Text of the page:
1. Limited time only! Sign up for a free 30min personal tutor trial with Chegg Tutors
    Dismiss Notice
Dismiss Notice
Join Physics Forums Today!
The friendliest, high quality science and math community on the planet! Everyone who loves science is here!

Homework Help: Probability w/ continuous R.V

  1. Jan 2, 2014 #1
    1. The problem statement, all variables and given/known data

    A commercial water distributor supplies an office with gallons of water once
    a week. Suppose that the weekly supplies in tens of gallons is a random
    variable with pdf

    f(x) = 5(1-x)^4 , 0 < x <1

    f(x) = 0 , elsewhere

    Approx how many gallons should be delivered in one week so that the probability of the supply is 0.1?
    2. Relevant equations

    3. The attempt at a solution

    I started out by finding the cdf

    F(y) = 0 , y < 0

    F(y) = -(1-y)^5 + 1 , 0 ≤ y < 1

    F(y) = 1 , y ≥ 1

    Here is where i get lost. So y is our gallons (in tens). We want to find the amount of gallons that yields a probability of 0.1

    p(y≤t) = F(t) = 0.1 thus

    -(1-y)^5 + 1 = 0.1

    When I solve for y I do not get the right answer which is apparently 4 gallons
  2. jcsd
  3. Jan 2, 2014 #2


    User Avatar
    Staff Emeritus
    Science Advisor
    Homework Helper
    Education Advisor

    Is that exact wording of the problem statement as given to you?
  4. Jan 2, 2014 #3


    User Avatar
    Science Advisor
    Homework Helper
    Gold Member

    Clearly the probability of any specific quantity is zero, so is the question asking for a y such that the probability of at least y is .1 or the probability of at most y is .1? you have interpreted it the second way.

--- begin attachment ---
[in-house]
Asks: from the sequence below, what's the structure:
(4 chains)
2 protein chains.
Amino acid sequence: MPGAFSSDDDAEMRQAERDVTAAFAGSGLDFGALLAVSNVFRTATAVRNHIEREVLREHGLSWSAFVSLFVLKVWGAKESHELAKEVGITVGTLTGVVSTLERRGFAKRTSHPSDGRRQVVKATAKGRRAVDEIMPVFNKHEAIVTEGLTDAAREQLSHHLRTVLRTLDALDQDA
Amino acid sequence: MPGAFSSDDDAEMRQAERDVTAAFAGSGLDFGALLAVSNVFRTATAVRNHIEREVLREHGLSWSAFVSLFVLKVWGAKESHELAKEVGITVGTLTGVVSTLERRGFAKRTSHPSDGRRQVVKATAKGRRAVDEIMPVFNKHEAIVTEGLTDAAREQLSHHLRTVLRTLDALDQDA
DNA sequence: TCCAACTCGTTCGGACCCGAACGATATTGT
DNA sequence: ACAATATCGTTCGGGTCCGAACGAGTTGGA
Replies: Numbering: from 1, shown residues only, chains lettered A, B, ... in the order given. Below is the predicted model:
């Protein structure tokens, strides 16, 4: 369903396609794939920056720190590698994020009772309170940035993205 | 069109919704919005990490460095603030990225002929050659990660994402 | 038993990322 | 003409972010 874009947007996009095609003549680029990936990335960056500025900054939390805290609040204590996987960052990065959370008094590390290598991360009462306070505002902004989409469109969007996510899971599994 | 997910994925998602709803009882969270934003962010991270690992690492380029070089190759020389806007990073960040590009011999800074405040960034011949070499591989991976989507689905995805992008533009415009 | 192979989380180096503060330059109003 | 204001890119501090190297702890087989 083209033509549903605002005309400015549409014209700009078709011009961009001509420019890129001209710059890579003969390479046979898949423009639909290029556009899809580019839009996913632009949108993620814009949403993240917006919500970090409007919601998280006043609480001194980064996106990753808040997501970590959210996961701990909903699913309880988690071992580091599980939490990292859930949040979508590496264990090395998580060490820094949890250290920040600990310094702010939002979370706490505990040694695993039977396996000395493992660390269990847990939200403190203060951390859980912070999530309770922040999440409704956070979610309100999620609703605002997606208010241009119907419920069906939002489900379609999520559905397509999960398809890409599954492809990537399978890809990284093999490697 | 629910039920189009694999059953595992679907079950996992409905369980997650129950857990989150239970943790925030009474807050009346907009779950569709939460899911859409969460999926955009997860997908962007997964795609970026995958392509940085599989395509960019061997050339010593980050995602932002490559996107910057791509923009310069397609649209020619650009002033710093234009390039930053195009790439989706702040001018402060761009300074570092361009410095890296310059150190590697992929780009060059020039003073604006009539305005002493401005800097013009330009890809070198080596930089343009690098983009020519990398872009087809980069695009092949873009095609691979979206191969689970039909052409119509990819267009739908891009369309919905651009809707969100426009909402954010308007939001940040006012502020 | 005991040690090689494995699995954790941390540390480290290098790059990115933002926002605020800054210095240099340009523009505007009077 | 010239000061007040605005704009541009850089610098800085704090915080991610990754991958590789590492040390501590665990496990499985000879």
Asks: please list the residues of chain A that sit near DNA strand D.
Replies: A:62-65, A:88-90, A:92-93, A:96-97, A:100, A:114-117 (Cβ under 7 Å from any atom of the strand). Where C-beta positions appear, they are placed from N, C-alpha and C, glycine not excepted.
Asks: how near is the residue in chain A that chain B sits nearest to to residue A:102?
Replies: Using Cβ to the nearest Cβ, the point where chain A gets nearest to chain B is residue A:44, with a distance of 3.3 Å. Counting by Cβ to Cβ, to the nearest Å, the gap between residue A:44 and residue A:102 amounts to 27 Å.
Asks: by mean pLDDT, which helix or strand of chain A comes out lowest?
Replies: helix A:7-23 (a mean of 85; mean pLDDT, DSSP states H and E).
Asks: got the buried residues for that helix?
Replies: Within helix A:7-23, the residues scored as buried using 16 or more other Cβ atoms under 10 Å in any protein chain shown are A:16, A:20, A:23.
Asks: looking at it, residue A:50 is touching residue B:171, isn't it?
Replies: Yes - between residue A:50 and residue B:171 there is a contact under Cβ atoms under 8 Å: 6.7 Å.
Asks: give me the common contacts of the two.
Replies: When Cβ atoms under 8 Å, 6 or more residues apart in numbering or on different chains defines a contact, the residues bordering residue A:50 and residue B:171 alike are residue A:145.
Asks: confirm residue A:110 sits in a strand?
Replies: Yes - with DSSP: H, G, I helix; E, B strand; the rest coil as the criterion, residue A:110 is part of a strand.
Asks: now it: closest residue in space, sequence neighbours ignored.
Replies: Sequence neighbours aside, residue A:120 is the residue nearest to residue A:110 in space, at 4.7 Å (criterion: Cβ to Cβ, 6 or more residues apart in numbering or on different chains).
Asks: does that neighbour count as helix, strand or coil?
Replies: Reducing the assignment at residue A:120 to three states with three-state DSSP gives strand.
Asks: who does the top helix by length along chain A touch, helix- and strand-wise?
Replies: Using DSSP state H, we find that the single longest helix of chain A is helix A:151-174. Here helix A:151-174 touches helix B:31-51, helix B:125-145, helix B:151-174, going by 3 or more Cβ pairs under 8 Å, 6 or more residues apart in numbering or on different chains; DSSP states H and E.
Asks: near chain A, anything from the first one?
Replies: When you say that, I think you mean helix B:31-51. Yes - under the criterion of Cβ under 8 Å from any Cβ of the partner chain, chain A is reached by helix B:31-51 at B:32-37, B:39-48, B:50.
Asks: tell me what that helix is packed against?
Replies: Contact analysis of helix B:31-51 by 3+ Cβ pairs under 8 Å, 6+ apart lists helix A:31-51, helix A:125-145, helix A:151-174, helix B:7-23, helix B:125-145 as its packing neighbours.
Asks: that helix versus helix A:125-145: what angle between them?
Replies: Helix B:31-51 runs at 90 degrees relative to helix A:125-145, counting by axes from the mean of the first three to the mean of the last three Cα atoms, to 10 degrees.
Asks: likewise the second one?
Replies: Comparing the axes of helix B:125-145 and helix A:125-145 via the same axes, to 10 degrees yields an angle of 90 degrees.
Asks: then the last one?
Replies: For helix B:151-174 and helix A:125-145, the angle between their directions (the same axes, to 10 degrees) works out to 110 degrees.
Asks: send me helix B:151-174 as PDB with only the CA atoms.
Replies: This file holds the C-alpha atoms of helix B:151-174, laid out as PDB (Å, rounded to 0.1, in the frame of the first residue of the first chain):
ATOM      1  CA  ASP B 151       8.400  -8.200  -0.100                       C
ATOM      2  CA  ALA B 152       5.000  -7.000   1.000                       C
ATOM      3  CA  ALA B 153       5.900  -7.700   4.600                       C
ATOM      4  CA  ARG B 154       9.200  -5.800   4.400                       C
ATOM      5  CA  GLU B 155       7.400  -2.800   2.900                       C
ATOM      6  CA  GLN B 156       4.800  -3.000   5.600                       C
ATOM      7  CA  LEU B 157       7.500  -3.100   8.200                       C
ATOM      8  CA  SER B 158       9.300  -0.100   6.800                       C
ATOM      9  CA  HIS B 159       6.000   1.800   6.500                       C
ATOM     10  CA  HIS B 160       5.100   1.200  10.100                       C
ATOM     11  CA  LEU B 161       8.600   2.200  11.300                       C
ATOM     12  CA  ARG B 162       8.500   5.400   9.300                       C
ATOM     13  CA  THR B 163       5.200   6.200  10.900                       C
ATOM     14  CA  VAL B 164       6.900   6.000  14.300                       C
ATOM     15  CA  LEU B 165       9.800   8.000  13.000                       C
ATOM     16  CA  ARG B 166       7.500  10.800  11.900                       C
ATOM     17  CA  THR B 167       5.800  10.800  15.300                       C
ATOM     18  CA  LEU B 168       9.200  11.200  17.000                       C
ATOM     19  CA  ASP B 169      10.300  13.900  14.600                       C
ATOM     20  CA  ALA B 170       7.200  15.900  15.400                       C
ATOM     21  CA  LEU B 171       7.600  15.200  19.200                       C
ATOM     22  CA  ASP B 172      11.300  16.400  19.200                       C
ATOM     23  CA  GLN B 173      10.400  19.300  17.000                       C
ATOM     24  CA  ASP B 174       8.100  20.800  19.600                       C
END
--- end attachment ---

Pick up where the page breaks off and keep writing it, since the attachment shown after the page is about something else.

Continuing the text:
5. Jan 3, 2014 #4


    User Avatar
    Science Advisor

    I am not clear on what "the probability of the supply is 0.1" means. I suspect you mean "the probability that the amount actually supplied is at least y is 0.1". That means that you want to find y such that [tex]\int_0^y 5(1- x)^4 dx[/tex].

    To integrate [itex]\int_0^y 5(1- x)^4 dx= 0.1[/itex] let u= 1- x so that du= -dx, when x= 0, u= 1, and when x= y, u= 1- y so that the integral becomes [itex]5\int_1^{1- y} u^4(-du)= \int_{1- y}^1 u^4 du[/itex]
  6. Jan 3, 2014 #5

    Ray Vickson

    User Avatar
    Science Advisor
    Homework Helper

    He did that integration already in his OP. The real issue seems to be that he/she does not know whether or not to solve F(y) = 0.1 or 1-F(y) = 0.1.
  7. Jan 3, 2014 #6
    Hello, DotKite.

    You did the integration correctly. The problem is that you solved for the variable incorrectly.

    By definition of probability of continuous variable, if $F(y)$ is cdf, we mean:

    ##F(y) = P(Y \leq y)##

    With a lower bound ##a##, ##P(a \leq Y \leq y) = F(y) - F(a)##

    You also wrote out the expression correctly, but the wrong value. Try to solve for ##y## again, and you should get the correct answer.
Share this great discussion with others via Reddit, Google+, Twitter, or Facebook

Have something to add?
Draft saved Draft deleted